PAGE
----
Wednesday, September 29, 2010

Is Science a Religion?

There’s one statement that always makes me laugh when I hear a theist parrot it. No, not “If evolution is real, why aren’t monkeys still turning into people?” I’m talking about the confounding claim made by pinheaded pious fools the world over:

Science is a religion.

First of all, I’m not a scientist, though I am an atheist. In fact, I am affiliated with science in the same way Christians are: I enjoy the benefits of science, whether I’m driving my car over great distances at high speeds or I’m being cured by a doctor of a disease that would have probably killed me a few centuries ago

Saying that “science is a religion” shows me that this person thinks that I find religion offensive, that they think I “believe” in science, and that they are trying desperately to drag me down to their level.

I don’t believe in science, I observe its startling success and rely upon it. I am quite aware that there have been times when science has been wrong and that it most certainly has some things wrong this very instant, but I am particularly impressed at science’s ability to admit a mistake and change course. Religion takes centuries to do this, if it happens at all.

Which brings me to another point: science isn’t a religion, religion is a science. Science is observation, and good science is observation of repeatable events. Bad science relies upon circumstantial evidence, word of mouth, traditional views, faith in someone else’s account… basically all the things religion is based upon. Religion is a science, it’s just not a very good one.

So why do religious people think that atheists have any more “faith” in science than a theist? Do theists think that human beings have a set amount of belief, so that lacking belief in gods must mean a person believes something else? If so, why does a believer’s faith in God not prevent them from “blindly” taking the medication their doctor prescribes?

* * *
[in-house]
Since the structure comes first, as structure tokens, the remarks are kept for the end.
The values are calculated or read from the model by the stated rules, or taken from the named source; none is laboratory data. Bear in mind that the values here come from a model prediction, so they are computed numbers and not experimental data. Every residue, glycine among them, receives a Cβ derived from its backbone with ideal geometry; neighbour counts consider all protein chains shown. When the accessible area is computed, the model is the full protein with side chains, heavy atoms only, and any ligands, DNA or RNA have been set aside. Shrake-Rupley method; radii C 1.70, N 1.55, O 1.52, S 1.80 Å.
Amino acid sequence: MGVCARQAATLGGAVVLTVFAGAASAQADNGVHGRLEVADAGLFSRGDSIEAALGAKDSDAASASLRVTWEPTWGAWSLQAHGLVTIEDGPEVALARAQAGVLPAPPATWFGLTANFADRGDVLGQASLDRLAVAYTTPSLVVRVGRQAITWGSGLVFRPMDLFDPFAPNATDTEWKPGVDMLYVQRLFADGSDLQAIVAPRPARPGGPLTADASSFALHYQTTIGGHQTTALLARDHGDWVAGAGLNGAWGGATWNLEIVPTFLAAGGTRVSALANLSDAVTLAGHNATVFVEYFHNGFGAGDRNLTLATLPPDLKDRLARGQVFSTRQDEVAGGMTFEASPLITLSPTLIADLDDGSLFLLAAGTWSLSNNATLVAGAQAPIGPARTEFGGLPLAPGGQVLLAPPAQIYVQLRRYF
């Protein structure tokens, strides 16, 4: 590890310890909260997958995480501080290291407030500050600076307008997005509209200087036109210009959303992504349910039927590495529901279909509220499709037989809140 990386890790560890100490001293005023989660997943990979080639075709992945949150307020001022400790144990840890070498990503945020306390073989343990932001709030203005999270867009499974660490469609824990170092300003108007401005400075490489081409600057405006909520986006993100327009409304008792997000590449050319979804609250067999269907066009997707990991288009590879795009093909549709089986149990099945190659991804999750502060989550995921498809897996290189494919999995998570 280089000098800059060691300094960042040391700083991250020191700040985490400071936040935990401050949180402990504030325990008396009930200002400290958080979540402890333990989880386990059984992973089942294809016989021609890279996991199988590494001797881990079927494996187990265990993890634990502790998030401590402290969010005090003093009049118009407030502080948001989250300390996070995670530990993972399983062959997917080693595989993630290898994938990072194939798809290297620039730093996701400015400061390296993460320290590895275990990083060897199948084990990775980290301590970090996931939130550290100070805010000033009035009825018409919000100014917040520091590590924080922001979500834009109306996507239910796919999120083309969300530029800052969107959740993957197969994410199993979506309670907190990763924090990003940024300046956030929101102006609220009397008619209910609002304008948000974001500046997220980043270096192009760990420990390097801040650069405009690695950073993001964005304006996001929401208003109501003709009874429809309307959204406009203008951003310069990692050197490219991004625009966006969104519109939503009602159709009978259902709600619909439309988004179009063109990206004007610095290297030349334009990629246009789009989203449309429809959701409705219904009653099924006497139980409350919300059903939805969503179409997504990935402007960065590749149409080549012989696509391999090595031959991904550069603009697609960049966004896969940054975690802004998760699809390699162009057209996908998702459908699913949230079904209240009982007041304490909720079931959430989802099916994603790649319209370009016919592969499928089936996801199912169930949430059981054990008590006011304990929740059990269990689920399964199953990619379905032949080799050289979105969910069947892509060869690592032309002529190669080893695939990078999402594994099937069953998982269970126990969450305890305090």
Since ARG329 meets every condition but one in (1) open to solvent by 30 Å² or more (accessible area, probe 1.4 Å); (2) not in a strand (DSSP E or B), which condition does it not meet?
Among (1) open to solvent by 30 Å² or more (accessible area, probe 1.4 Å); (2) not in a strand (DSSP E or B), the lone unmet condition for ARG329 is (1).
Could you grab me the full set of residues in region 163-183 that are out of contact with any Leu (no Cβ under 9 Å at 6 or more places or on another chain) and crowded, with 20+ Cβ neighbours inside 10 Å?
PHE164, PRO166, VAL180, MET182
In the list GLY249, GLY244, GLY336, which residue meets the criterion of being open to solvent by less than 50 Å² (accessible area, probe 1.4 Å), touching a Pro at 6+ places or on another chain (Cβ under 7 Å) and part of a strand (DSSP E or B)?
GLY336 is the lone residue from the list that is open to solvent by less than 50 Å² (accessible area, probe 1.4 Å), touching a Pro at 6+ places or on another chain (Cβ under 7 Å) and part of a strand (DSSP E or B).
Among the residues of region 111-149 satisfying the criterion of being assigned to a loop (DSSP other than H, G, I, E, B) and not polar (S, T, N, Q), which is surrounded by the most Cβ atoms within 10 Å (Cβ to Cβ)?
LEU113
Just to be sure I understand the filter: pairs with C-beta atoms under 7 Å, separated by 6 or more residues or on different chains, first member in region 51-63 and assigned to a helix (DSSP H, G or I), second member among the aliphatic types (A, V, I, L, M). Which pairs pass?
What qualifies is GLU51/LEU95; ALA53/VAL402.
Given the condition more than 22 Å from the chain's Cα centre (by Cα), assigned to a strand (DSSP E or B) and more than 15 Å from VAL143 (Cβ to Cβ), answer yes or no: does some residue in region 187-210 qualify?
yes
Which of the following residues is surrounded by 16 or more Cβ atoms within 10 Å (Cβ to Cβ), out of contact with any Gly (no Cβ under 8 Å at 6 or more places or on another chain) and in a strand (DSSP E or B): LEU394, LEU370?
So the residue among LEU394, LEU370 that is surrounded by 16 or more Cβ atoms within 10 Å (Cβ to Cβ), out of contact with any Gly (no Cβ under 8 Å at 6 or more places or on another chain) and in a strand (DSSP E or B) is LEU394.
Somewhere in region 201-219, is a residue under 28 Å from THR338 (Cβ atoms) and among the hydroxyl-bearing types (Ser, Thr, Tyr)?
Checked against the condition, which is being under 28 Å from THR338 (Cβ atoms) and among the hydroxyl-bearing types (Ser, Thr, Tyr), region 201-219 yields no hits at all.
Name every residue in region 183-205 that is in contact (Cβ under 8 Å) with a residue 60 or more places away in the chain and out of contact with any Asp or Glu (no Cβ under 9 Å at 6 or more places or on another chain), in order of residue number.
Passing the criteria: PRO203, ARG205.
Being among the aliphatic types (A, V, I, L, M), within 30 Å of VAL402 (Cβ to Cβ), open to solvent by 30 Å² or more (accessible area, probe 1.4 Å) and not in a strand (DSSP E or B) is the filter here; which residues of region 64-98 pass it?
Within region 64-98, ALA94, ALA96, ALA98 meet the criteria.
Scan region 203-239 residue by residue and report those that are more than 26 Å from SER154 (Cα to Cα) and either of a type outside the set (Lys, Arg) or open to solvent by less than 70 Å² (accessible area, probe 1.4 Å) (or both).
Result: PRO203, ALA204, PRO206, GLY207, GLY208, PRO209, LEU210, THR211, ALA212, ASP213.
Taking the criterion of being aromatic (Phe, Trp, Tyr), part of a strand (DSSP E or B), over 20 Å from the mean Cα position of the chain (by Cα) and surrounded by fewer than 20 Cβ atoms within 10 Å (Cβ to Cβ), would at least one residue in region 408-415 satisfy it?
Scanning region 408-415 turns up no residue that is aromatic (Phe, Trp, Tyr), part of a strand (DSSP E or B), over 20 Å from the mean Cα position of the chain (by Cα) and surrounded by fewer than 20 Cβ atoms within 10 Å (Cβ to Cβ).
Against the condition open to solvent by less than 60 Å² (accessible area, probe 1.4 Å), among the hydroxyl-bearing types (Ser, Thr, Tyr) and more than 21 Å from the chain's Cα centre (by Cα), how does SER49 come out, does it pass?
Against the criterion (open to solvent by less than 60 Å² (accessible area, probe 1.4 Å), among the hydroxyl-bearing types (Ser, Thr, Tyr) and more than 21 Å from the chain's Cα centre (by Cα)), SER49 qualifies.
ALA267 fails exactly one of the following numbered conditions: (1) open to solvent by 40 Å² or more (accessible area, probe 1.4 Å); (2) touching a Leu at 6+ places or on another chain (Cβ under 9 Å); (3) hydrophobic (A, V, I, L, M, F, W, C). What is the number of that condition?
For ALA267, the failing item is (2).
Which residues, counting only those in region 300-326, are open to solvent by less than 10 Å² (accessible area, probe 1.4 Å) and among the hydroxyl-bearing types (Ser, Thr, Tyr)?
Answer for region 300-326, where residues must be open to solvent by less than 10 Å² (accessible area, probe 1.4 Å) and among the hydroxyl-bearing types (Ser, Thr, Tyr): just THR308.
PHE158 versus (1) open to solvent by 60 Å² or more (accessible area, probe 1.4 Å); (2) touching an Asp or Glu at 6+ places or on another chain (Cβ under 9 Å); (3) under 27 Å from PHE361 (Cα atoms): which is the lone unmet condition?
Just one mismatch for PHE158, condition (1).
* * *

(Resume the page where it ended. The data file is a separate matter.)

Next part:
I just don’t get it…

And so I am left one final hypothesis. What if religious people are self-loathers? What if they realize how dumb and infantile they really are? Religion is always pounding into the heads of the faithful how sinful, bad, and naturally evil “the flesh” is. Perhaps it is a case of “misery loves company,” and religious people just want to believe that everyone is saddled with the burden of religion.

I’m sorry to disappoint.


  1. "Do theists think that human beings have a set amount of belief, so that lacking belief in gods must mean a person believes something else?"

    From my observations.... I would say "yep."

  2. I'll believe that. One of my religion teachers in high school wrote on one of my papers: "If you stand for nothing, you'll fall for anything." Strange, because I imagine you fall more while standing then from sitting around.

  3. I think it's a matter of looking at surfaces instead of substance more than anything else. If all you see of science is a body of received knowledge, whose specifics are decided by a select group of people - in other words, if you have no understanding of the scientific method, or how/why science actually works - then it does look like a religion. You have your priesthood, the scientists, who understand the sacred secrets; you have a large body of followers, who accept their teachings without necessarily understanding everything that they do. You even have miracles - better miracles than Christianity currently produces: longevity, cures for disease, fertility or contraception, the ability to speak to people on the far side of the globe, or travel there in a matter of hours.

    It's an equivalency based on a profound failure to understand the fundamental nature of science, but I can see how people get there.


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